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Ricky Buckets Amuses Once More

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Perhaps Ricky Davis has found himself a home with the Heat.  Or at least the Heat team that is currently sans Wade and Marion.

Because for one night at Madison Square Garden, Ricky Davis certainly looked in his element.   In a season of frustration for the one some Celts fans still call Risky, for a night he was the Ricky Buckets we all once came to know and love:  Lots of shooting, great athletic feats, turnovers, mental errors and ultimately a poor ending.

But a whole lot of fun along the way.  Somehow, two full seasons after playing his last game as a Celtic, Ricky still brings a smile to my face. 

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With less than two minutes left in the Sizable Apple last night, the hapless Knicks led the even more hapless Heat by nine points.  With thirty seconds to play, that lead was six.  A Daquean Cook three and a one-of-two effort for Fred Jones at the foul line later, the lead was four with 22 seconds to play.

Then Ricky got involved.

Just four seconds after a Miami timeout, Ricky managed to just embarrass Renaldo Balkman at the top of the three-point circle.  Ball-fake.  Balkman jumped left.  Ball-fake again.  Balkman jumped right.  Shot.  Bang.  Heat down one with 18 seconds to play.

Two free throws later, the deficit was three with inside of ten seconds remaining.  No problem.  Buckets strolled right out of a timeout and immediately jacked up -- and canned -- yet another trey, this time from the right wing, to tie it with six seconds to play.  Overtime.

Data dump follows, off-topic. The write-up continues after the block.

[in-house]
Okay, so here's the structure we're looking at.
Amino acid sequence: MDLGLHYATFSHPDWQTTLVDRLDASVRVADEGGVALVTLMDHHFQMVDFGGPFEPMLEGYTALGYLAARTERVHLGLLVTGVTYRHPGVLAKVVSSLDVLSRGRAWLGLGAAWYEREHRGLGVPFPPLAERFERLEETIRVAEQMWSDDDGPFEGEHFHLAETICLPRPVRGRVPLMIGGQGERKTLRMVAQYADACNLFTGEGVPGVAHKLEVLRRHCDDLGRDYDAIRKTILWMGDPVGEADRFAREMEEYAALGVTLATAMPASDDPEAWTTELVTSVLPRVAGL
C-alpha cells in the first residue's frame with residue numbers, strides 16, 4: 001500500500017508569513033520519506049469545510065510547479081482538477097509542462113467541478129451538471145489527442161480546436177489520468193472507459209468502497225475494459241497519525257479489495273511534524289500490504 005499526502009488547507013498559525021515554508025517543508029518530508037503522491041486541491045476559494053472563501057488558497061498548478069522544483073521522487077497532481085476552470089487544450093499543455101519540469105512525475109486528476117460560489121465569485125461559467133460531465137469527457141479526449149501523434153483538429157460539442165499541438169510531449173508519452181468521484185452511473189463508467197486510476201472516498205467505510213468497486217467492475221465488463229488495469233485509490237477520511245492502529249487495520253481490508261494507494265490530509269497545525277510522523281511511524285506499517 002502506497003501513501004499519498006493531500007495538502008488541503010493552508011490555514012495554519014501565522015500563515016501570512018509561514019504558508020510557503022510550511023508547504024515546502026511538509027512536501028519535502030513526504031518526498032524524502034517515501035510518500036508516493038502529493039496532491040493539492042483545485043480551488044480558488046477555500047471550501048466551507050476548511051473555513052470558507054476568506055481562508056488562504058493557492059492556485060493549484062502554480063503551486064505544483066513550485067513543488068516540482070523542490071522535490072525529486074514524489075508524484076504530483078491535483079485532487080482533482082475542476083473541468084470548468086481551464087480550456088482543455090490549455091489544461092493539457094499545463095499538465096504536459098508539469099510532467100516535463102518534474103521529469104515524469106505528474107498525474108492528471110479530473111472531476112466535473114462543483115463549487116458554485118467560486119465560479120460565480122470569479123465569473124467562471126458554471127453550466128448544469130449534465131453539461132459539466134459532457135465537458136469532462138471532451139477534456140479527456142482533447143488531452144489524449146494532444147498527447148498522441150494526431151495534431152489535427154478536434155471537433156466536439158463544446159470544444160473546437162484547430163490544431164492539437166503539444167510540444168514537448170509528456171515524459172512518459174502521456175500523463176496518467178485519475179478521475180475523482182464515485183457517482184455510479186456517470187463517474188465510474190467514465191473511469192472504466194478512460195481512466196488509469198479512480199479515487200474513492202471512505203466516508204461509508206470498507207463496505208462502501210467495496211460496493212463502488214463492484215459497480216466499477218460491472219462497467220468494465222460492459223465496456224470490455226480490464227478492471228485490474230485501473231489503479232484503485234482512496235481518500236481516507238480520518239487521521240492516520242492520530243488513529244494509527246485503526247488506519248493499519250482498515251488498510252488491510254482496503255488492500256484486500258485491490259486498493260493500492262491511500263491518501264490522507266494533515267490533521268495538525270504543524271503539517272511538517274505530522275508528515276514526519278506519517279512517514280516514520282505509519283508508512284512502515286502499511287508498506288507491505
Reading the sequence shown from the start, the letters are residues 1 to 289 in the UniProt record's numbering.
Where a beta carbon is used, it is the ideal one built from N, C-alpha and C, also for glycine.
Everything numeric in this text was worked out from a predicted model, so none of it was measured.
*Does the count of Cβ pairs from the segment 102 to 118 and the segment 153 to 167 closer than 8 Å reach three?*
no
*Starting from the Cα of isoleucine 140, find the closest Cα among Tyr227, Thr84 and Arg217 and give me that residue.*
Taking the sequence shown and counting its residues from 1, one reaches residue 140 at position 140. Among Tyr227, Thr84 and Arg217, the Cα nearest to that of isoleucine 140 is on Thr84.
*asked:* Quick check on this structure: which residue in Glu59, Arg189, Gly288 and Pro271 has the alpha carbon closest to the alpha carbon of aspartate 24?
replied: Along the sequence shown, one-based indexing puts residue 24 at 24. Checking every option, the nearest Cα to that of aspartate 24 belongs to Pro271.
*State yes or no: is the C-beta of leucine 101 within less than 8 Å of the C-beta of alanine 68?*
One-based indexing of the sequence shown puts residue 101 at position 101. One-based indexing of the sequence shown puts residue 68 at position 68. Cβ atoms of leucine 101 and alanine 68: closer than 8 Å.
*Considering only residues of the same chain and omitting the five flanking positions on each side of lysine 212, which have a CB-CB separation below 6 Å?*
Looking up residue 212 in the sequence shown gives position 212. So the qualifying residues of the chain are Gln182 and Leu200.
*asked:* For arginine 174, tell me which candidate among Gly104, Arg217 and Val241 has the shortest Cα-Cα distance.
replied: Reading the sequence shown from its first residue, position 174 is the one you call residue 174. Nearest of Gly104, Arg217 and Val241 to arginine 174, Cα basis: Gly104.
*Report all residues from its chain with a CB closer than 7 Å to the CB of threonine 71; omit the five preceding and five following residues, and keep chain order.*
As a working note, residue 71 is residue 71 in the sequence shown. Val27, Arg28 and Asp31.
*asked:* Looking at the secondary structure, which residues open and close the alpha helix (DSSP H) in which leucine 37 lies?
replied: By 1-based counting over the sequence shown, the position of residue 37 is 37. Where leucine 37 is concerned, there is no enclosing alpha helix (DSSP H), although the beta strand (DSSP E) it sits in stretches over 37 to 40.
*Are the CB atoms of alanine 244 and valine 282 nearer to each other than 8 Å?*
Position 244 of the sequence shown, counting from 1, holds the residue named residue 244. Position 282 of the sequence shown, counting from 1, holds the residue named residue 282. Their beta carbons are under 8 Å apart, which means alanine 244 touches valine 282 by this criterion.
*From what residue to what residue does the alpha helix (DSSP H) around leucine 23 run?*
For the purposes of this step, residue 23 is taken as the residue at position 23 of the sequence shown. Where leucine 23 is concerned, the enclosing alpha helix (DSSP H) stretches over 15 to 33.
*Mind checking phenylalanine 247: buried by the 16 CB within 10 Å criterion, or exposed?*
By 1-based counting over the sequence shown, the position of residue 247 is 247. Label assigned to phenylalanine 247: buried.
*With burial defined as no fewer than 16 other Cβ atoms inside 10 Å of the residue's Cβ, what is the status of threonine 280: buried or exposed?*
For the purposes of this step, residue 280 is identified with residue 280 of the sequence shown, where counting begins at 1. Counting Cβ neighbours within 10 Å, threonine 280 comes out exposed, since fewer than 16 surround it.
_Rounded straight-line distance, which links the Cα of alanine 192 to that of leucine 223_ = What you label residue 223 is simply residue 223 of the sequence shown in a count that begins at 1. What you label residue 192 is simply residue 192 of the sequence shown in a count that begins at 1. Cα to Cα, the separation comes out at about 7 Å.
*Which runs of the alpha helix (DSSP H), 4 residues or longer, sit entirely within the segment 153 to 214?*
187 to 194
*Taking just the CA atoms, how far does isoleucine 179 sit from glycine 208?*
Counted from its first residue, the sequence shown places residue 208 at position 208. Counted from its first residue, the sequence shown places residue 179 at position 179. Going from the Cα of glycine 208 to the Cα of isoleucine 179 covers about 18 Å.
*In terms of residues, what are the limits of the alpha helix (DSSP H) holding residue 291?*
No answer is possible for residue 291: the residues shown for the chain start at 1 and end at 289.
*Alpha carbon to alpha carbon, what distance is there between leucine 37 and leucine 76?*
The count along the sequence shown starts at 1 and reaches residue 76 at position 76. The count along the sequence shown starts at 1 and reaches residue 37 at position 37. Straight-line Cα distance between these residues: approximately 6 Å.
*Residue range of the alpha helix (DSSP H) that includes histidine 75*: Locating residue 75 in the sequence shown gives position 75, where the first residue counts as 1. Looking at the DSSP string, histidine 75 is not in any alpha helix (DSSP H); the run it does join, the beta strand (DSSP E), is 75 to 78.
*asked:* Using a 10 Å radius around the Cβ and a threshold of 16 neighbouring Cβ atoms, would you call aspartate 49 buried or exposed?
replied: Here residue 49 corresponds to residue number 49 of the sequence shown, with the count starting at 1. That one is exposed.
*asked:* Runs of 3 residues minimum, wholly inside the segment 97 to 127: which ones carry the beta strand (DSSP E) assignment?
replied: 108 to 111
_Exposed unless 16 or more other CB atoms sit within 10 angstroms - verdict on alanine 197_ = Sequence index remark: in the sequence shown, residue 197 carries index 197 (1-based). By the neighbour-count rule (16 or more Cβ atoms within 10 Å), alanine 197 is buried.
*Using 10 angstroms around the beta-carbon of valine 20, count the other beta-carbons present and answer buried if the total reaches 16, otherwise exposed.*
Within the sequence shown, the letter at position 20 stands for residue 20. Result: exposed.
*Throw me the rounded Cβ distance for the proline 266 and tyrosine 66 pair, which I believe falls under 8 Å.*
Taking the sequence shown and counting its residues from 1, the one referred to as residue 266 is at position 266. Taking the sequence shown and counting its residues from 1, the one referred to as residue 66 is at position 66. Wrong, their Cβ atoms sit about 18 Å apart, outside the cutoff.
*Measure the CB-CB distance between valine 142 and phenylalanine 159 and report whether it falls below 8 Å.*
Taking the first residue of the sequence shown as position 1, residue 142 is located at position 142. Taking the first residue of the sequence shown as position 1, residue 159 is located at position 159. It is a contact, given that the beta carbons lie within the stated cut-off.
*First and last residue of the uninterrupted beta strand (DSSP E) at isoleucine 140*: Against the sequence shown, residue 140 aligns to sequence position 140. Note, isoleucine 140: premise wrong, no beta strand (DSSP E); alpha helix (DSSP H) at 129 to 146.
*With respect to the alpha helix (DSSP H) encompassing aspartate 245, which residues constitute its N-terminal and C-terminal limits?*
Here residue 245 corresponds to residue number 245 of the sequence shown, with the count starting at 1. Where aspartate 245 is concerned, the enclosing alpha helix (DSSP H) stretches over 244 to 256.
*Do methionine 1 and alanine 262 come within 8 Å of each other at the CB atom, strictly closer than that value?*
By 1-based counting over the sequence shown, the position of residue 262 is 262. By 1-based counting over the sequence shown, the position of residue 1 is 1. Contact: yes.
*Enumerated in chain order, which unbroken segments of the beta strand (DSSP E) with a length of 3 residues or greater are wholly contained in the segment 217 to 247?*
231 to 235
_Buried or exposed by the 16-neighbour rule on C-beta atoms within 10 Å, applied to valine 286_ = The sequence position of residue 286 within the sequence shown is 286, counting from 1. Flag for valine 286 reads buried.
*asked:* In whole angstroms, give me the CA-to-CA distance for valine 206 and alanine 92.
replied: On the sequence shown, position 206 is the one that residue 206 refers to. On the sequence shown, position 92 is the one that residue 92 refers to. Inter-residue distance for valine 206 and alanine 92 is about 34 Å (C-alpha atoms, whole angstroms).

Those were his fifth and sixth threes of the game.  He would finish with seven in ten attempts.  Not too shabby.  The jumping around, the tongue-wagging, the ear-to-ear grin after the three to tie:  They were all demonstrative of pure, unadulterated joy from a man whose emotions are nothing if not pure and unadulterated.

It seemed like Ricky's night of glory would continue through the extra frame, as he propelled the Heat out in front with another three in the first minute of overtime.  That is, until the rest of pure, unadulterated Ricky arrived.

This would be the Ricky whose next touch involved an attempt to superimpose his way through a double-team.  Shockingly enough, this wound up with Jamal Crawford cruising down the floor for a fast-break bucket.

Another turnover followed, plus a fun interchange between my favorite broadcasters in the game, MSG Network's Mike Breen and Walt "Clyde" Frazier.

Breen:  It's going to be all one-on-one basketball with Davis at this point.

Frazier: Yep, that's his forte.

Somewhere over the course of overtime, Breen also wound up asserting that "Davis has little concern for defense" while Clyde chuckled in the background.  I love these guys.

In the meantime, Davis was at the charity stripe clanking the first of two crucial freebies with the Heat down four and just outside of a minute to play.

You can imagine how it went from there.  Long story short, the Heat end up down multiple possessions in the waning seconds.  Ricky chucks in desperation once more.  He isn't as successful this time.  Heat lose going away, 103-96.

Improbable heroics.  Not enough on a terrible team.  A lot of fun to watch for an outside observer.  Likely not as much fun for those rooting for his team when all was said and done.

Somehow, it just seemed like a vintage performance from Ricky Davis.

For the life of me, I'll never be able to explain how I can get nostalgic about concepts like Ricky Davis' tenure in Boston.  But for fifteen minutes last night, I did just that.

Then I remembered what had gone on earlier in the evening at another northeastern Garden some 200 miles away.  And I was able to get past Ricky Buckets.